To help them brave cold winters, Brahmas have a large body mass, which makes them a perfect dual-purpose breed if you’re after both meat and eggs.
Although Wyandottes belong to the American class of poultry, they do pretty well in chilly weather. This attractive breed has a walnut comb atop its head, which is another excellent comb-type to look for in chickens if you need cold tolerance.
Cochins are a fearless breed when it comes to snow and cold. These adorable birds have feathered boots and an impressive amount of down on their plump bodies to help them brave cold winter nights. The only thing you’ll need to look out for with this breed is their single combs. If you have a Cochin rooster, he may be a special concern in very cold weather.
Best Chicken Breeds For Temperate Climates
For those in well-balanced climates, you won’t need to worry quite as much about checking the weather tolerance of the breeds on your wishlist. As someone in a temperate climate, I’ve had some breeds from every poultry class and never had a single issue.
1. Plymouth Rocks
Plymouth Rocks are a timeless breed that will do well in any weather, even warmer summers and chilly winters. This breed is a champion layer that is sure to provide you with an abundance of eggs. If you like friendly chickens, Plymouth Rocks are an excellent choice.
An Orpington will do well in any temperate area and they’ll even do okay with a few chilly winter nights as long as their single combs don’t get frostbitten. This breed is an old standby and can still be found in many feed stores, making it easy to find in the springtime.
This Australian chicken is another breed that will never fail to disappoint when it comes to egg production. Australorps can handle just about any weather you throw at them, as long as especially cold winters are avoided.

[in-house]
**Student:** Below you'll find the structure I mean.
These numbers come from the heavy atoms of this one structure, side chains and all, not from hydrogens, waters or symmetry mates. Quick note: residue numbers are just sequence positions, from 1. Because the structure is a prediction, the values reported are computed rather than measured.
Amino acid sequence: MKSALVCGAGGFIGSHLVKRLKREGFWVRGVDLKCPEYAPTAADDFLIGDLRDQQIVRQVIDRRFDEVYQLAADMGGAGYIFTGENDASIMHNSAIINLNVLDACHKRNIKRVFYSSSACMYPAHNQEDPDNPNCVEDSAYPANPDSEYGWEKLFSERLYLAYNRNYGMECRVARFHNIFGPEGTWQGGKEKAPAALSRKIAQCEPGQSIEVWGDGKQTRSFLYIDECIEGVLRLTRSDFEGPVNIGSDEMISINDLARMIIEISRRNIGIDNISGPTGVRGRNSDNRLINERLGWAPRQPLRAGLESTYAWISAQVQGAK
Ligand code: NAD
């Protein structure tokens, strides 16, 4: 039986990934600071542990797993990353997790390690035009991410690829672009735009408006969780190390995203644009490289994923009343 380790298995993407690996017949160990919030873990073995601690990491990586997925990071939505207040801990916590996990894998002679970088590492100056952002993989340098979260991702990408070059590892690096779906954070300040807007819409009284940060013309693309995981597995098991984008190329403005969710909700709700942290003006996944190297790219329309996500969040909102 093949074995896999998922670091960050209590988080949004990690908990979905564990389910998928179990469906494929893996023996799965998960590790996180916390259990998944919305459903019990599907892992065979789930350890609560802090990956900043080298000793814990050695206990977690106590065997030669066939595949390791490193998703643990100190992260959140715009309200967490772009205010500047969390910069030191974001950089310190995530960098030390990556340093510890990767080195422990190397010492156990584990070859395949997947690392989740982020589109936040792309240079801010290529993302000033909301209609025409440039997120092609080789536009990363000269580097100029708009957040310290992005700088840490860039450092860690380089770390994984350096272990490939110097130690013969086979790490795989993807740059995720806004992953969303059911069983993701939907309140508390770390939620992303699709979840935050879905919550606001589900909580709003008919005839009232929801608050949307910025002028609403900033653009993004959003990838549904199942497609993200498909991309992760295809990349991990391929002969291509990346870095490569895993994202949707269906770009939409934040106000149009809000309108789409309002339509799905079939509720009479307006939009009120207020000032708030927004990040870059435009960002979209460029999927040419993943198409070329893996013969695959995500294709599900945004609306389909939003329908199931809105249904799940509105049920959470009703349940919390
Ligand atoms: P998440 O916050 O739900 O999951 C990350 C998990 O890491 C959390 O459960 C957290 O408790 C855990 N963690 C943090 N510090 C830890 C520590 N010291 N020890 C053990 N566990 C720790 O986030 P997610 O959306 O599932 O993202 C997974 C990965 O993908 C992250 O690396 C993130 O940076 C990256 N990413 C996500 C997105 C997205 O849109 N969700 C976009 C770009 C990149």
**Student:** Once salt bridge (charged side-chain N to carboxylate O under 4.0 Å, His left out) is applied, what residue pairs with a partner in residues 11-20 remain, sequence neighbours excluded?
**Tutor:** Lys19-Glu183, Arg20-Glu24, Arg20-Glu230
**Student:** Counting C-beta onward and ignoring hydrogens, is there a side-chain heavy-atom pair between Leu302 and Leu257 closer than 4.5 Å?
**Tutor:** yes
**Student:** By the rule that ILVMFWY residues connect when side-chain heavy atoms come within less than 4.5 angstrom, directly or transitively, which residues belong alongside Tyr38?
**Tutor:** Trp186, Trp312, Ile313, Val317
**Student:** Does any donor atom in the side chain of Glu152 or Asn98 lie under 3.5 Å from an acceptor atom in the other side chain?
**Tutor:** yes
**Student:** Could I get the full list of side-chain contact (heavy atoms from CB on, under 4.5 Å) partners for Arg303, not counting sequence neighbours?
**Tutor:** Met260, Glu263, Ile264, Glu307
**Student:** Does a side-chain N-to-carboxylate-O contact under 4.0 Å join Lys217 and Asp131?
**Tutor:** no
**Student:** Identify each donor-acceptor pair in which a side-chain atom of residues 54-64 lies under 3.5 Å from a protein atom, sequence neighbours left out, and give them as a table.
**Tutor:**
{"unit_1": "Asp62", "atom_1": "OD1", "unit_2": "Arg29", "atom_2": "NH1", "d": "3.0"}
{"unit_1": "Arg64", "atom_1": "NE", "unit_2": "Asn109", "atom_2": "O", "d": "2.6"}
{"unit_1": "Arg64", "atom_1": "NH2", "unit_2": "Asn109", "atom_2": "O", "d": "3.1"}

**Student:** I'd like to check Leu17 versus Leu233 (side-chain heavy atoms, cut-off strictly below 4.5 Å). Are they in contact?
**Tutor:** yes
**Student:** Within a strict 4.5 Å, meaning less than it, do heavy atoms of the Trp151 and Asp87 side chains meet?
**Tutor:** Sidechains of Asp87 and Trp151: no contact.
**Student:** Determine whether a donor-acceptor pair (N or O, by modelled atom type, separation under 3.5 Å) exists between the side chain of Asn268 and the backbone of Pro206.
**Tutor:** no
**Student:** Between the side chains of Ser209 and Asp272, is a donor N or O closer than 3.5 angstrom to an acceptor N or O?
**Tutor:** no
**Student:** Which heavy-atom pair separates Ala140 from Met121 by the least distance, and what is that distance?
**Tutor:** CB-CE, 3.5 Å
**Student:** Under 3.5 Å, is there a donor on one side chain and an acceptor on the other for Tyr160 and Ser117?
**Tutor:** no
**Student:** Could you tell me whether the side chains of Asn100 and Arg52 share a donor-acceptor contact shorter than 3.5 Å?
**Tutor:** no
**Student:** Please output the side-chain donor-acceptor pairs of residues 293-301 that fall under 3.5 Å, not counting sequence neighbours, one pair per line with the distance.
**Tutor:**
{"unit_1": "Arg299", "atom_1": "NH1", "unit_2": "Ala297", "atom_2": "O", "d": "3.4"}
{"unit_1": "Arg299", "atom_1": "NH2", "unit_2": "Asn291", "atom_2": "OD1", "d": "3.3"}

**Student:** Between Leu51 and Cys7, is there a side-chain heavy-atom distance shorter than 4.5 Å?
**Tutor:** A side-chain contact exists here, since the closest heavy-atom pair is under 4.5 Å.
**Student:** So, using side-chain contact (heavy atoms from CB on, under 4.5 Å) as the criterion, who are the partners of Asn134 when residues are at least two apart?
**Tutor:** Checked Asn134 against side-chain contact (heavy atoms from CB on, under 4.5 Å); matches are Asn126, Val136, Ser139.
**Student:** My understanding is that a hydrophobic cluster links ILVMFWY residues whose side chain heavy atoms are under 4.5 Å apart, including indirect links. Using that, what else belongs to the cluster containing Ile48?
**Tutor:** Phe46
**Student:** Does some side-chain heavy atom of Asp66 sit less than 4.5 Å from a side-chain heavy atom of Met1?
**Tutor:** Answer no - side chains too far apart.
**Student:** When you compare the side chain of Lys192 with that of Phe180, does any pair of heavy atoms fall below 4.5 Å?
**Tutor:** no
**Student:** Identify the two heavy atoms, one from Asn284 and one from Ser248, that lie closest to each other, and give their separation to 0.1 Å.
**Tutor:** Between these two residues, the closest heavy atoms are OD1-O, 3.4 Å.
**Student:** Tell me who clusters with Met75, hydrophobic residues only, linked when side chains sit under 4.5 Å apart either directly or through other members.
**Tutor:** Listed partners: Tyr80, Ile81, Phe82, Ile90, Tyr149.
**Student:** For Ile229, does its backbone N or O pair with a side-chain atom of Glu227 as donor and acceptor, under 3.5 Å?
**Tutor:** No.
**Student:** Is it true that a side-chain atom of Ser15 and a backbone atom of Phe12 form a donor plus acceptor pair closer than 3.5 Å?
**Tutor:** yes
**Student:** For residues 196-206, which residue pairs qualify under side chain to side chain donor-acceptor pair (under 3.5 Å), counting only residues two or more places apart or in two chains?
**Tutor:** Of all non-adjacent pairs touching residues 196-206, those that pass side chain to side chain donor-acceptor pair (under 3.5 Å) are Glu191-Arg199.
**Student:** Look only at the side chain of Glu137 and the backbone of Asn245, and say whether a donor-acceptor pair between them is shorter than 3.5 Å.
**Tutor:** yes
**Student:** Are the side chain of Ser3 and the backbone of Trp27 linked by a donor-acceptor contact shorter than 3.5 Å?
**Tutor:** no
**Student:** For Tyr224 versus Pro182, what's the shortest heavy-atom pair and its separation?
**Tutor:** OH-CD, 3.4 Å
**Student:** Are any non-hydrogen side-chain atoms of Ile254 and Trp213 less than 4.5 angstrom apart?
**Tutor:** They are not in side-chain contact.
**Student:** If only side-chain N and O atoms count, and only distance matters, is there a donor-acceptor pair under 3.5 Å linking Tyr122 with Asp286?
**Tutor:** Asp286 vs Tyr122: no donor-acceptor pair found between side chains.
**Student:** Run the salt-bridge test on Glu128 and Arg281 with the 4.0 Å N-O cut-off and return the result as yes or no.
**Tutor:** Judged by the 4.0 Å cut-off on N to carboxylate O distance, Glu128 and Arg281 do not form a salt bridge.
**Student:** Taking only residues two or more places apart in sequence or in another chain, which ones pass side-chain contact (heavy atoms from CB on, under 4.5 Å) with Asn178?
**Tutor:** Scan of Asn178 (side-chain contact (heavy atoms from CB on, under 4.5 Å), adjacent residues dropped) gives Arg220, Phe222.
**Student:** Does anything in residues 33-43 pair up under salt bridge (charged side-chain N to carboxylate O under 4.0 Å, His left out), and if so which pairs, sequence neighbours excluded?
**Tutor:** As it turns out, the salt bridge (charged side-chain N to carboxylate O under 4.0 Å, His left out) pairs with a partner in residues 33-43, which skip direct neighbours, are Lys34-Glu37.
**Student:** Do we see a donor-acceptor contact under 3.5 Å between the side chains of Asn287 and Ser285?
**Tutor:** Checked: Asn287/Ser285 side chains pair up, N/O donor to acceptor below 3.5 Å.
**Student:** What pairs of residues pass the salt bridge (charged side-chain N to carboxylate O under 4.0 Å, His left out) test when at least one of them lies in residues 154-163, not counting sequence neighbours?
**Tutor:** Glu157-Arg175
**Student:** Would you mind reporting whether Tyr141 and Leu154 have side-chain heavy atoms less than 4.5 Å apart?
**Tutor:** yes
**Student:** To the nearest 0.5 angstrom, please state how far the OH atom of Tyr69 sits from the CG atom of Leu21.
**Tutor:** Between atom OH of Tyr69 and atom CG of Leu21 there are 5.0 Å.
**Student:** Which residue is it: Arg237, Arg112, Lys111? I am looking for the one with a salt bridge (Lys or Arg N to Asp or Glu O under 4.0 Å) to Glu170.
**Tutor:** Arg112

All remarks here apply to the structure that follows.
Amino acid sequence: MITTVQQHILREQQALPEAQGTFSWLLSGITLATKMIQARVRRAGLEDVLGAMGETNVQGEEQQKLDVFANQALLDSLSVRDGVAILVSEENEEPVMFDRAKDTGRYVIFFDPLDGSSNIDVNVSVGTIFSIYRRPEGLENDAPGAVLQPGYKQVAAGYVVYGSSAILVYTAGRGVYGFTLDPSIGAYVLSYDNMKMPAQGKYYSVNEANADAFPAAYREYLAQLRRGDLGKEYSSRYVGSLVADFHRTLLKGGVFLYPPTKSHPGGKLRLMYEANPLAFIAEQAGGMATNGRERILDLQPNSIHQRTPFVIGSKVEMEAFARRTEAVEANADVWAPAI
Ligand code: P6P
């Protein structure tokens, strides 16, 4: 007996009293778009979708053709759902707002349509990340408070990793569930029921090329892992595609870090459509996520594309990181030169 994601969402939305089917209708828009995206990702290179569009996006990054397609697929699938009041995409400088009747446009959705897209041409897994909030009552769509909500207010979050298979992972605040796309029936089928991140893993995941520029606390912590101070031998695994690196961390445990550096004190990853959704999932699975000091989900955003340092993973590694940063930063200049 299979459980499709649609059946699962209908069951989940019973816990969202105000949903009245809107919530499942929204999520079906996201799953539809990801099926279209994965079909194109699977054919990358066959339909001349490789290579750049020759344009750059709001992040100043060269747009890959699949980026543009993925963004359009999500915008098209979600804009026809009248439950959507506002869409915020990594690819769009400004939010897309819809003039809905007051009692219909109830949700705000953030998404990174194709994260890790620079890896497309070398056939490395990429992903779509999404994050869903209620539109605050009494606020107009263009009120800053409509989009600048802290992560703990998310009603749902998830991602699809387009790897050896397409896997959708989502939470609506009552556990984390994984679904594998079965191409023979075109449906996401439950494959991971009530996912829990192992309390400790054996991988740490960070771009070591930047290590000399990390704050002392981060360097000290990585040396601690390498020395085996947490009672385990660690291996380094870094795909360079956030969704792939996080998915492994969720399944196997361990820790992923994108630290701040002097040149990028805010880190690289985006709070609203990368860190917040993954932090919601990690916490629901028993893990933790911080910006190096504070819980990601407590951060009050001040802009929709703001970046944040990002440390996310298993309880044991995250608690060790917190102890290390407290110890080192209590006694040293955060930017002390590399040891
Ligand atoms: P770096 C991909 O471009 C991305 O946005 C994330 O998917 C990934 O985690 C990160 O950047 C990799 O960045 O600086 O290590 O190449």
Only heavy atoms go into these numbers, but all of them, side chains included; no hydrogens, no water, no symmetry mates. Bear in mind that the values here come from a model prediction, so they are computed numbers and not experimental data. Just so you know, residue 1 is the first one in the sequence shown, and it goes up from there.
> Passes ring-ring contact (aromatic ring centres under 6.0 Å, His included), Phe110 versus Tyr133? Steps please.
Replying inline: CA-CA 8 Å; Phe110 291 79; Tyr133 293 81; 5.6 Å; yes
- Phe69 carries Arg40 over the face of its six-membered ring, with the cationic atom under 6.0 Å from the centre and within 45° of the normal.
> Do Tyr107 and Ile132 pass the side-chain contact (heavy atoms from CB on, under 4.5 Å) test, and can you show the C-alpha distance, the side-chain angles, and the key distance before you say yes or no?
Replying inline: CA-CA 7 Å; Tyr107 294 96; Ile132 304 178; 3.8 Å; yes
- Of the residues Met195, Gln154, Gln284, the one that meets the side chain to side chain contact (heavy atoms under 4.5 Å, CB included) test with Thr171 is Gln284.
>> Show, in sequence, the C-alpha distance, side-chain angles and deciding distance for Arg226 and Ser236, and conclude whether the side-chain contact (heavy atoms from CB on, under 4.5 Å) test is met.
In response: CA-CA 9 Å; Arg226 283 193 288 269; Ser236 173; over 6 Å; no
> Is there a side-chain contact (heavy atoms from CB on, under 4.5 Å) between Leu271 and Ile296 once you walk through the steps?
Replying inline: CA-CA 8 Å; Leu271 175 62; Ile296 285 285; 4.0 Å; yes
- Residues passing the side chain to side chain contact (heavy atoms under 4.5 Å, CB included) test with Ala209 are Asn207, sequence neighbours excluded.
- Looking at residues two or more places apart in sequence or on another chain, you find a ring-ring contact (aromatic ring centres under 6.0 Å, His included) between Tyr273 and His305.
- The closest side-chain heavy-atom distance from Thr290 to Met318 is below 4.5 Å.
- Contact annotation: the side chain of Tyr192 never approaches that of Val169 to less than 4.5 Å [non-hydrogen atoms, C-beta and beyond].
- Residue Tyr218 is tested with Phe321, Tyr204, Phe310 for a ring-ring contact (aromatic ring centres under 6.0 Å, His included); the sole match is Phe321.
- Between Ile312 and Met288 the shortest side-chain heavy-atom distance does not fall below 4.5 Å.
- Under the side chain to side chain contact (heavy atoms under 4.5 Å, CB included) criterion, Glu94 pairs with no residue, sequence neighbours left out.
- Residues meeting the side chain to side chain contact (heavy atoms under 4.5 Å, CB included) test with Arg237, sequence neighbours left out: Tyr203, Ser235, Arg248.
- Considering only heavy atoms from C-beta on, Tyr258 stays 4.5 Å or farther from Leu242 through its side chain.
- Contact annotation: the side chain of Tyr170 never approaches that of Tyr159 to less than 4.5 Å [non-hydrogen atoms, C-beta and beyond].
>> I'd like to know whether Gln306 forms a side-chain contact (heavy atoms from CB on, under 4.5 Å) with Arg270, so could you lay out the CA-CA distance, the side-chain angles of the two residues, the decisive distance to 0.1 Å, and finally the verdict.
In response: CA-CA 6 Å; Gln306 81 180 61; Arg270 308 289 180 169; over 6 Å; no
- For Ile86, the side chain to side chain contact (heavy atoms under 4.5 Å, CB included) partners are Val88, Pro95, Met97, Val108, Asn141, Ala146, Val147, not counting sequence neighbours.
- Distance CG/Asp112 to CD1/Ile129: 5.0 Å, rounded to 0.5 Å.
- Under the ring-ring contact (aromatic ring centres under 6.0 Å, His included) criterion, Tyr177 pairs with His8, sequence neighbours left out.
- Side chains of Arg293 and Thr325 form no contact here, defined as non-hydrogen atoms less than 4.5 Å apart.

If you need a perfect chicken, Australorps may be as close as it gets with their friendly dispositions, perfect egg production, and tolerance of almost any weather.
Best Chicken Breeds to Keep in Hot Climates
If you’re keeping any Mediterranean chickens, you’ve definitely got perfect candidates for free-ranging. These chickens are not only heat-tolerant, but they’re also predator intolerant. Mediterranean breeds are usually flighty chickens that don’t tend towards being too friendly towards anyone. One thing you’ll notice on all these chickens is their especially large combs, which help them to cool down on hot days.
Minorca chickens are interesting at a first glance due to their impressively large comb, wattles, and earlobes that help them keep their cool. This breed certainly would not do good for a cold winter, but they can brave the hottest of summers.
Andalusian chicken breeds can handle a little more cold weather than most Mediterranean breeds, but they’re still best suited to warm weather. These chickens are a small and wiry breed to help them remain cool on hot days, which works out perfectly as long as you aren’t expecting any kind of meat.
I will never forget the flighty and fidgety Fayoumi that I raised, who was appropriately named Pharaoh after her Egyptian origins. These chickens are also a small breed to keep cool in hot climates, which also means they are excellent at flying. If you’re looking for a predator wary and heat tolerant bird, Fayoumis are undoubtedly worth looking into.
Chicken Keeping in Every Climate
You don’t have to get too discouraged if your dream chicken isn’t best suited for your climate. Sometimes exceptions can be made, but it’s best to do your research on chicken breeds and try your best to choose with your climate in mind.
Setting yourself up with the right chicken breed for your climate will give you an excellent jump start on keeping a healthy flock of chickens!